What labels, if any, do you give to your faith journey? Why? I consider myself to be a practitioner of Earth-based Goddess Spirituality. I consider myself part of the community of Pagans. I am currently a Solitary Practitioner but I am exploring the role of Priestess in my life. These labels help me to identify others with whom I share common beliefs.

What are the spiritual values that you espouse? The core spiritual value I strive to uphold in my life is to do whatever I can in my life to become the best version of myself, with the knowledge that this will then lead me to relate in the healthiest possible ways with those with whom I come into contact. My best self is loving, kind, graceful, patient, bold, wise and balanced.

Articles of Faith

How do you show your affiliation with your Deity, and with the community of like-minded individuals? What are the implications of these behaviors for those who think differently from you? I am starting to both wear and surround myself with symbols of Goddess. I think the more important identification is the way in which I present myself and my participation in Pagan/Goddess events. I try at all times to speak about my experiences in a way that makes clear I do not see my path as the only path, while also honoring the deep impact it has had on me.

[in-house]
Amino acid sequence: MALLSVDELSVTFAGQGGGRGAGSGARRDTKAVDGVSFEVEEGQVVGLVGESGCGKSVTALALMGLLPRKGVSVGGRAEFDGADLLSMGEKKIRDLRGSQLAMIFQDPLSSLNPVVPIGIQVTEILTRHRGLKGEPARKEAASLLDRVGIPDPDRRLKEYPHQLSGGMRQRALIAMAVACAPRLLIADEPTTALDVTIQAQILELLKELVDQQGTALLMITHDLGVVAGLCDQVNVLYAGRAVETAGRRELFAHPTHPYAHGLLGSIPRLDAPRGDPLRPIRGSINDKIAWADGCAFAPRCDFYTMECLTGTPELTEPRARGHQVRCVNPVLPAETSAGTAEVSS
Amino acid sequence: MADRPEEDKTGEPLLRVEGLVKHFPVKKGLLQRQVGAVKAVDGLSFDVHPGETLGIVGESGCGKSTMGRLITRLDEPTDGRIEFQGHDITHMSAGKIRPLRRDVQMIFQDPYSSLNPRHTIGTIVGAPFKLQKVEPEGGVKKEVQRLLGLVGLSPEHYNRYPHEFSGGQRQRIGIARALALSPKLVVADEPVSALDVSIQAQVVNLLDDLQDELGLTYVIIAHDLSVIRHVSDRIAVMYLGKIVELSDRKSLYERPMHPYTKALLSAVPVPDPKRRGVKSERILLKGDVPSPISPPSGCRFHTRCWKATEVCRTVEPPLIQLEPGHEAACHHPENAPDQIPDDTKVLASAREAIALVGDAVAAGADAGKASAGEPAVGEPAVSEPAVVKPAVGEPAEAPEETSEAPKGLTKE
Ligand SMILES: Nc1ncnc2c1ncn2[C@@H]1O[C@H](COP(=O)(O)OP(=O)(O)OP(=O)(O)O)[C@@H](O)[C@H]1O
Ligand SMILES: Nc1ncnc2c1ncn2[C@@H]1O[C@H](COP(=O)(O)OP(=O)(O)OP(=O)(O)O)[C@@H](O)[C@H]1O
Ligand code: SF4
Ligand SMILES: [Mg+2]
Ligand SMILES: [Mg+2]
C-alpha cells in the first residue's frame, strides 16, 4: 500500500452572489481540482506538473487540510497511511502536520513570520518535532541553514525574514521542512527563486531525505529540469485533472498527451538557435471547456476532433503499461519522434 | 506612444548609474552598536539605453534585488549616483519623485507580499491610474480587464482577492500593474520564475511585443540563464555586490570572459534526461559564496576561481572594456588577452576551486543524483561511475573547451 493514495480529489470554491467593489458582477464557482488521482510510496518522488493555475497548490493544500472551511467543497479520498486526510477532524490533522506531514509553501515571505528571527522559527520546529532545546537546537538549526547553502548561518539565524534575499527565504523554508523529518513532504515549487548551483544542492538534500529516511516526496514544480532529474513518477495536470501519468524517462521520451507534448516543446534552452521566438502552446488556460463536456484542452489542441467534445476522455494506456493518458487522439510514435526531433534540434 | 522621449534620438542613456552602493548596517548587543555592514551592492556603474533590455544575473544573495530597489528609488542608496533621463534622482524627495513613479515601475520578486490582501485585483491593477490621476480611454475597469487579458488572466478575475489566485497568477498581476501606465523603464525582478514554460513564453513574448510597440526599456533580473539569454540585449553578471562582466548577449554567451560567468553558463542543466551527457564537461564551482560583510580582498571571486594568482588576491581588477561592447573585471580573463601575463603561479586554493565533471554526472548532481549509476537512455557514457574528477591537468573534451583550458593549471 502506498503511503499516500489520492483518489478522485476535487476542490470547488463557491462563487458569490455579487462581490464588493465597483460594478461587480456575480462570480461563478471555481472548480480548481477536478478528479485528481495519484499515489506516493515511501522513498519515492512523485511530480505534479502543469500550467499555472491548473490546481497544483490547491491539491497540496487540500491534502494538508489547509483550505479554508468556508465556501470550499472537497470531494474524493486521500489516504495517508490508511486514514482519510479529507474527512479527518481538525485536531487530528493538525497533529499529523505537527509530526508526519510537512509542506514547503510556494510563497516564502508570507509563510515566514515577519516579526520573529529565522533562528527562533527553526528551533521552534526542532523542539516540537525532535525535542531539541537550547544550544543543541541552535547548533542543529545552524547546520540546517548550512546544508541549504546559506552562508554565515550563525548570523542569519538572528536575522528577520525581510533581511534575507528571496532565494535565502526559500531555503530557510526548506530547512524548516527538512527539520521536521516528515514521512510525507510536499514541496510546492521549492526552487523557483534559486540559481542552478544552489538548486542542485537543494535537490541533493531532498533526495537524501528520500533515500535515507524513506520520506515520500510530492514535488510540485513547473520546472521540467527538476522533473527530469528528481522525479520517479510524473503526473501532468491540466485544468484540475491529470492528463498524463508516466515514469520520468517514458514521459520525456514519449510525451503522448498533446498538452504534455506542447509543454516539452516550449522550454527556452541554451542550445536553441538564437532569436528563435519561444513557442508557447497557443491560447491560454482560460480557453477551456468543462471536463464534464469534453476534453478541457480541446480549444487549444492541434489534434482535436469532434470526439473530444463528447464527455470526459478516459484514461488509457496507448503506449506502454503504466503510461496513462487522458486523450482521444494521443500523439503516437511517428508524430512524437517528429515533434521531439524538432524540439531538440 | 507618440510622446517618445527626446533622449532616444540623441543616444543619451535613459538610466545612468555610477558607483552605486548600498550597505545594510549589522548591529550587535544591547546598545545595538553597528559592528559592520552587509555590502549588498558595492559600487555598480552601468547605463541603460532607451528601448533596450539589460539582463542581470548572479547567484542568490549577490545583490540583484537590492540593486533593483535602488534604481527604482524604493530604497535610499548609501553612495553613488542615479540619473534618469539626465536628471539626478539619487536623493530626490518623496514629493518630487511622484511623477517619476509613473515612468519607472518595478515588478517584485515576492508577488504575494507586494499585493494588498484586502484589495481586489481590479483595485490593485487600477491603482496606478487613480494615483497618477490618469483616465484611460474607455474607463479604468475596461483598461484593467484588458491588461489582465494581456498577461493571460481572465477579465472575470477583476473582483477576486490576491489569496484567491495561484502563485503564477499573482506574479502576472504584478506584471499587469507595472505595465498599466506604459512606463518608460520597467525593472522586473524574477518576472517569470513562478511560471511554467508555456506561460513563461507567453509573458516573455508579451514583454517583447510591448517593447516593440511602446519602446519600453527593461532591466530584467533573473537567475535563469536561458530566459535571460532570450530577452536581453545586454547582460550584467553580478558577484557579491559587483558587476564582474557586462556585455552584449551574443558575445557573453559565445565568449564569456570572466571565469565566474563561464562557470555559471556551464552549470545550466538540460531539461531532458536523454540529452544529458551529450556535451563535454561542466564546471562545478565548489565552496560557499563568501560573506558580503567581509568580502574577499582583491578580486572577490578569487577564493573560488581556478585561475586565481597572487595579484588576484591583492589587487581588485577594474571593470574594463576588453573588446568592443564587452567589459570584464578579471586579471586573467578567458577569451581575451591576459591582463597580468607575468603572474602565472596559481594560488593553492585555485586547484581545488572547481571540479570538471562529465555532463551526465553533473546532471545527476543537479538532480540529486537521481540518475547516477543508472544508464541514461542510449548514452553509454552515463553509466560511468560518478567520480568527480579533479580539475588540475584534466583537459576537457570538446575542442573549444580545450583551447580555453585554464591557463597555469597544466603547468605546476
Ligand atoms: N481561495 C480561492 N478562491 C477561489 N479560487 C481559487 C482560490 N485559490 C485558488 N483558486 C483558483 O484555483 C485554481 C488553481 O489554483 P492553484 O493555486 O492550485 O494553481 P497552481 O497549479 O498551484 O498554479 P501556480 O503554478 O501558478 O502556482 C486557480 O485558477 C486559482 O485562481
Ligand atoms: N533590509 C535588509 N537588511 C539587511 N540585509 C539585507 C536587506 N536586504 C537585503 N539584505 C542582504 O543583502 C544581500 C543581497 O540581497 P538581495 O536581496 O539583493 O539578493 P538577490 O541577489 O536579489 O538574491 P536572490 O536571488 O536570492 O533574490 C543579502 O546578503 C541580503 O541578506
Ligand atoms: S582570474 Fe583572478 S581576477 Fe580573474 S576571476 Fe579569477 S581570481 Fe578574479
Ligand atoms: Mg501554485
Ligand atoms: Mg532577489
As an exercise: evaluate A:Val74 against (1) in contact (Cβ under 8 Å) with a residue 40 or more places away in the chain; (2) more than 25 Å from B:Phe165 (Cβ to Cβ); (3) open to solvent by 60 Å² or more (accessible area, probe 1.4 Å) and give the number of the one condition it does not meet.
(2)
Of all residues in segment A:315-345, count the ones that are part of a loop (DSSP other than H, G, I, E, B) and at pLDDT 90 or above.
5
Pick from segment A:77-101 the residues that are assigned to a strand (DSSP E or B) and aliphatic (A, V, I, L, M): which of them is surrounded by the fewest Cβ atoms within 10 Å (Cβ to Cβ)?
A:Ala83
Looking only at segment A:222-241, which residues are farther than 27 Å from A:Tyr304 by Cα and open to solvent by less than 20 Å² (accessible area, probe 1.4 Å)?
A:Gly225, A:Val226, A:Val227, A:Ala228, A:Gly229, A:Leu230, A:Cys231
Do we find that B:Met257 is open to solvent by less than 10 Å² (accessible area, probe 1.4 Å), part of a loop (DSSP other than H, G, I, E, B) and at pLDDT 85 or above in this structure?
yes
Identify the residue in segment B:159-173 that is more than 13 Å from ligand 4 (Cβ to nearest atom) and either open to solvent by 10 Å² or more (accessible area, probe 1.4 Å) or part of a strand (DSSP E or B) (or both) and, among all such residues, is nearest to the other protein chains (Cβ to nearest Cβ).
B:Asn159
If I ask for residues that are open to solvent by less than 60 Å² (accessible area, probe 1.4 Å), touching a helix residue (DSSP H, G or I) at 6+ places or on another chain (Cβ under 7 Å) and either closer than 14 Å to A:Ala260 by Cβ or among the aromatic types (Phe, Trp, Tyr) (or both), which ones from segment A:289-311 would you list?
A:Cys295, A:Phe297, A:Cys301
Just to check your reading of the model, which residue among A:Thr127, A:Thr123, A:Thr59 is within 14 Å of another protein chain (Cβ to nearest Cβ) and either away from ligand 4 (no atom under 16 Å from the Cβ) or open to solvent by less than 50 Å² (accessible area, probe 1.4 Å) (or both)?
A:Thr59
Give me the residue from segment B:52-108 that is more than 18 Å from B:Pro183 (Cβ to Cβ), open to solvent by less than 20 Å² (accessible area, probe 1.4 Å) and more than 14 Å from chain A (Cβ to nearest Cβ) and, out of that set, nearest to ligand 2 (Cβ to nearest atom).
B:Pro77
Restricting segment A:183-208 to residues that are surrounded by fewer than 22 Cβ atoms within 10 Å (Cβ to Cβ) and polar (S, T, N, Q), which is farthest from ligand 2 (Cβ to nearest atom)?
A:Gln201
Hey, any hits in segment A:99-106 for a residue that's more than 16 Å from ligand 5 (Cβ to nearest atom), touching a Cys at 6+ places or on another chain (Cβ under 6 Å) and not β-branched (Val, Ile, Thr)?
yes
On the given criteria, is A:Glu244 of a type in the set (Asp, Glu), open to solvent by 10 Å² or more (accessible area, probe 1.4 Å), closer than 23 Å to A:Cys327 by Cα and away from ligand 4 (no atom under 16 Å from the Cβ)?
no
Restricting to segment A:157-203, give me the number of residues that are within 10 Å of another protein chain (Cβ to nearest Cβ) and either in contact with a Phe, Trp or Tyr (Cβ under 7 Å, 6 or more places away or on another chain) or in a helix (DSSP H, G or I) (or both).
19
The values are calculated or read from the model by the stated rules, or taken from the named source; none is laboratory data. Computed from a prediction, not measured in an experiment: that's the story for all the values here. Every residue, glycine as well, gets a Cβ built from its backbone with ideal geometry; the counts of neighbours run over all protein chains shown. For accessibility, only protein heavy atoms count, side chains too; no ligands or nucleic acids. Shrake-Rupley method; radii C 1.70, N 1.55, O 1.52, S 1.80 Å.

What rituals and rites do you celebrate to mark important holidays and moments of transition? I celebrate the Pagan Wheel of the Year. I also want to become involved in celebrating certain aspects of womanhood such as pregnancy, birth, and menopause.

What sites are sacred, and how do you show them reverence? There are some places I would love to visit such as the White Spring at Glastonbury. My practice is to see every place as potentially sacred, especially in natural settings. I think ritual to honor Goddess, as well as a simple mindfulness practice in a sacred site, are acts of reverence.

Relationship Implications

How do you share your views with others? What is the purpose of sharing your views? I share my views here on this blog as well as with those I trust in person. My main reason for doing so is to create a conversation, because I know that I have much work to do to reclaim my faith as my own, and I need to bounce ideas off others and hear their perspectives to grow.

How should you treat others? How should you expect to be treated? I would tend to follow the Wiccan Rede here: “An it harm none, do what ye will.” I believe I should respect others’ ability to make decisions for themselves as well as support them, and I hope for the same from others. I do not believe in sacrificing who I am or what I stand for in order to maintain a relationship.

What is your responsibility to nature? How can you uphold it? I have a long way to go here. I want to respect nature and conserve natural resources. I’m trying to take small concrete actions and make incremental changes that reflect my beliefs in this area.

goddess spirituality, inspiration

“Am I There Yet?” 5 Signposts That Indicate You’ve Arrived at Your Spiritual Home